Jul 1, 2006 12:00 PM
TRUCK FLEET owners who wish to successfully pass their company on to their heirs not only should have a well thought-out plan in place, they should review and update plans periodically, said Terry Resnick of Resnick and Associates at the National Tank Truck Carriers annual conference May 7-9 in San Antonio TX.
“These issues may be more important than running a company on a daily basis,” Resnick said.
Inefficient succession/estate planning has led to two out of three family businesses failing to be passed down to the second generation, he said.
To avoid tax and other inheritance pitfalls, he recommended owners begin to pass authority and responsibility to adult heirs who expect to eventually own the business.
Another important part of an inheritance plan involves accurately determining the value of the company and understanding its liquidity should family members face estate taxes and other expenses in which alternative resources are unavailable.
Common goals of an estate plan also should include distribution certainty, reduction or elimination of estate taxes, guarantees that all children are treated fairly, and assurance that disabled family members will receive proper care.
Carriers should ask themselves:
Are you working most of your life to build your trucking company only to see it eventually lost?
Are you aware that approximately 50% of the hours you'll work in a lifetime may go towards the payment of taxes?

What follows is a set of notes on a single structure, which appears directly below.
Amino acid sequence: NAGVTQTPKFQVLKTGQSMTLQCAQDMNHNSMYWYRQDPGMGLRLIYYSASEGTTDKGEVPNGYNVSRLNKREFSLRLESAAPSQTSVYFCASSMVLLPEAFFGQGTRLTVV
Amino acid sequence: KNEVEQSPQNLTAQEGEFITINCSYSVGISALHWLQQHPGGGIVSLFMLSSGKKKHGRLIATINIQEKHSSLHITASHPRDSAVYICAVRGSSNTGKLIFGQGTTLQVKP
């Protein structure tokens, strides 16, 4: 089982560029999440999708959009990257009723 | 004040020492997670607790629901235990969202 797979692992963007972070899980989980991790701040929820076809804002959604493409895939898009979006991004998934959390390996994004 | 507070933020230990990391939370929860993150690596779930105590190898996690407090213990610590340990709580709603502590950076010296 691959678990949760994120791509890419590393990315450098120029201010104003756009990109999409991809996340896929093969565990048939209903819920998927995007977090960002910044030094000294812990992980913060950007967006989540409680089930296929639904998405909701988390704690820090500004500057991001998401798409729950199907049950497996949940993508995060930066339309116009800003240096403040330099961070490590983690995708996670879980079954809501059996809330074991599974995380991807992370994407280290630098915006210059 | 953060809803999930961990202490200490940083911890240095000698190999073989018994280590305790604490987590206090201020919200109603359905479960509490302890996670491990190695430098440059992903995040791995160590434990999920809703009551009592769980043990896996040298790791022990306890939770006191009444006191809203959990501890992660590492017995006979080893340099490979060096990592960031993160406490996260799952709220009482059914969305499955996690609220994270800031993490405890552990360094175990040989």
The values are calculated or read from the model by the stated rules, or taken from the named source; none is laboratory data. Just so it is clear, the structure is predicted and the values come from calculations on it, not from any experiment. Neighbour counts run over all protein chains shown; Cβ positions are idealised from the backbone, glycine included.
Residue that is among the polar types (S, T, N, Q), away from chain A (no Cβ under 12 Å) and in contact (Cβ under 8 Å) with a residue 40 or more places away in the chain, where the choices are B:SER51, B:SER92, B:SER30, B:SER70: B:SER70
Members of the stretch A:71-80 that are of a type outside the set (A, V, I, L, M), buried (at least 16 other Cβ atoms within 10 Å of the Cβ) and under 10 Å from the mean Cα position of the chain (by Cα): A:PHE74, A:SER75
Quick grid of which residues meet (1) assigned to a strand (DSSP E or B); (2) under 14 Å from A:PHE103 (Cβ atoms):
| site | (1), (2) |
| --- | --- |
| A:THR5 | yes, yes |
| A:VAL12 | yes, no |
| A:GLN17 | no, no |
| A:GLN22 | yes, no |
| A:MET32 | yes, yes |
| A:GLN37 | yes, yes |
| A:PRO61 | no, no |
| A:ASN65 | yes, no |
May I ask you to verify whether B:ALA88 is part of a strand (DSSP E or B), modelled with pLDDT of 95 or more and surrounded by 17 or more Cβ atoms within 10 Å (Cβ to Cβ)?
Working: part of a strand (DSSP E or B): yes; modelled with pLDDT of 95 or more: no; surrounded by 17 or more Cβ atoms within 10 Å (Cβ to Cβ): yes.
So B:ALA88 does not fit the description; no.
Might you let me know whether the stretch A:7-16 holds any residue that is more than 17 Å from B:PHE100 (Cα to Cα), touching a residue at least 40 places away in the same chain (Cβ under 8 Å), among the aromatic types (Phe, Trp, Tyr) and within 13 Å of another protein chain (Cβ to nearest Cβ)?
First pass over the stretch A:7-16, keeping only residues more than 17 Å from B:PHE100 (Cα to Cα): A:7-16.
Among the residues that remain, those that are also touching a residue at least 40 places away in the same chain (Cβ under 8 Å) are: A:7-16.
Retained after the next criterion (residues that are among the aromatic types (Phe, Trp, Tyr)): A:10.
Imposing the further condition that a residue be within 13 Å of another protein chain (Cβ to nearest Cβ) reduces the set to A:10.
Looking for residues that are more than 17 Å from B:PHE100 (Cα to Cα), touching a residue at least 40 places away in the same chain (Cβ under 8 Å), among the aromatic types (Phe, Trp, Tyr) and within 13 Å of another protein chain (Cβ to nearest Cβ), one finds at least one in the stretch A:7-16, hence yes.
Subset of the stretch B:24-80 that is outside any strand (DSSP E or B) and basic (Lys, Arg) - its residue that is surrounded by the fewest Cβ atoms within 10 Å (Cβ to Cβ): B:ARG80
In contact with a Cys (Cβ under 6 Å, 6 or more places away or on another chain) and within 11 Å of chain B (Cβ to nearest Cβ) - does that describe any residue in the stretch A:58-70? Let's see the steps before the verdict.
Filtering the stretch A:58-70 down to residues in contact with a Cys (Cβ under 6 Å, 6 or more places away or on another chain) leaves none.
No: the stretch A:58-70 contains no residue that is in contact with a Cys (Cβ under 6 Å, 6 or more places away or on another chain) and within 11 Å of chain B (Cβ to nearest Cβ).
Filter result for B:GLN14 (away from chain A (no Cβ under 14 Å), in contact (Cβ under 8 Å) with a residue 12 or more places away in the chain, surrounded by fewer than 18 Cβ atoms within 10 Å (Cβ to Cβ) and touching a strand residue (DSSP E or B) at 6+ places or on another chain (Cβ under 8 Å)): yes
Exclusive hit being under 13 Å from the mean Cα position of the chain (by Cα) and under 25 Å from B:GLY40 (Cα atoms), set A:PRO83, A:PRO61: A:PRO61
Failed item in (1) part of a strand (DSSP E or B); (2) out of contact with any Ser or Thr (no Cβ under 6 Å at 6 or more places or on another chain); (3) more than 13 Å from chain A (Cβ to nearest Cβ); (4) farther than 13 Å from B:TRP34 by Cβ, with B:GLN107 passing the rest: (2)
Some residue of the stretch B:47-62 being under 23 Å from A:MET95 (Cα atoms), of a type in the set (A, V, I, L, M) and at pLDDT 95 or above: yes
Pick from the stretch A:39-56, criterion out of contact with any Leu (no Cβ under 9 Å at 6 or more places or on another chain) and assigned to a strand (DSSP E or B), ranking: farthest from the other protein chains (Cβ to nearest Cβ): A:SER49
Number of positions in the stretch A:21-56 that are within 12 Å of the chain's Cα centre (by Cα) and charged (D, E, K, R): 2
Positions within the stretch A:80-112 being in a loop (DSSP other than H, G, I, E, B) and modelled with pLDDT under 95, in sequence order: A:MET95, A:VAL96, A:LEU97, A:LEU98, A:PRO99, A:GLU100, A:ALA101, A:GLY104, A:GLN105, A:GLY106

Are you putting your family in the eventual position of no longer being on speaking terms?
Will your family maintain a healthy revenue flow when you are gone?
Owners should consider what is fair and equal in a family business. “Fair does not necessarily mean equal in family business planning,” he said. “You ultimately will decide what happens with your company, estate, and family. You can choose to protect your years of hard work with proper planning or risk losing significant business and non-business assets.”
He recommended separating the family structure from the business structure by delegating titles and responsibilities based on ability, not age, and a governing board should be established to ensure leadership roles can be assumed once earned.
Resnick said that owners typically make common mistakes, such as failure to use IRS gift regulations to their benefit, leaving everything to a spouse, improper planning for use of jointly held property, and making will errors.
He also reminded company owners to be aware of the total property in an estate and the specific inheritance planning required for it. He listed cash, real estate, personal property, retirement plans, business interests, investments, tangible assets, revocable trusts, annuities, and life insurance.
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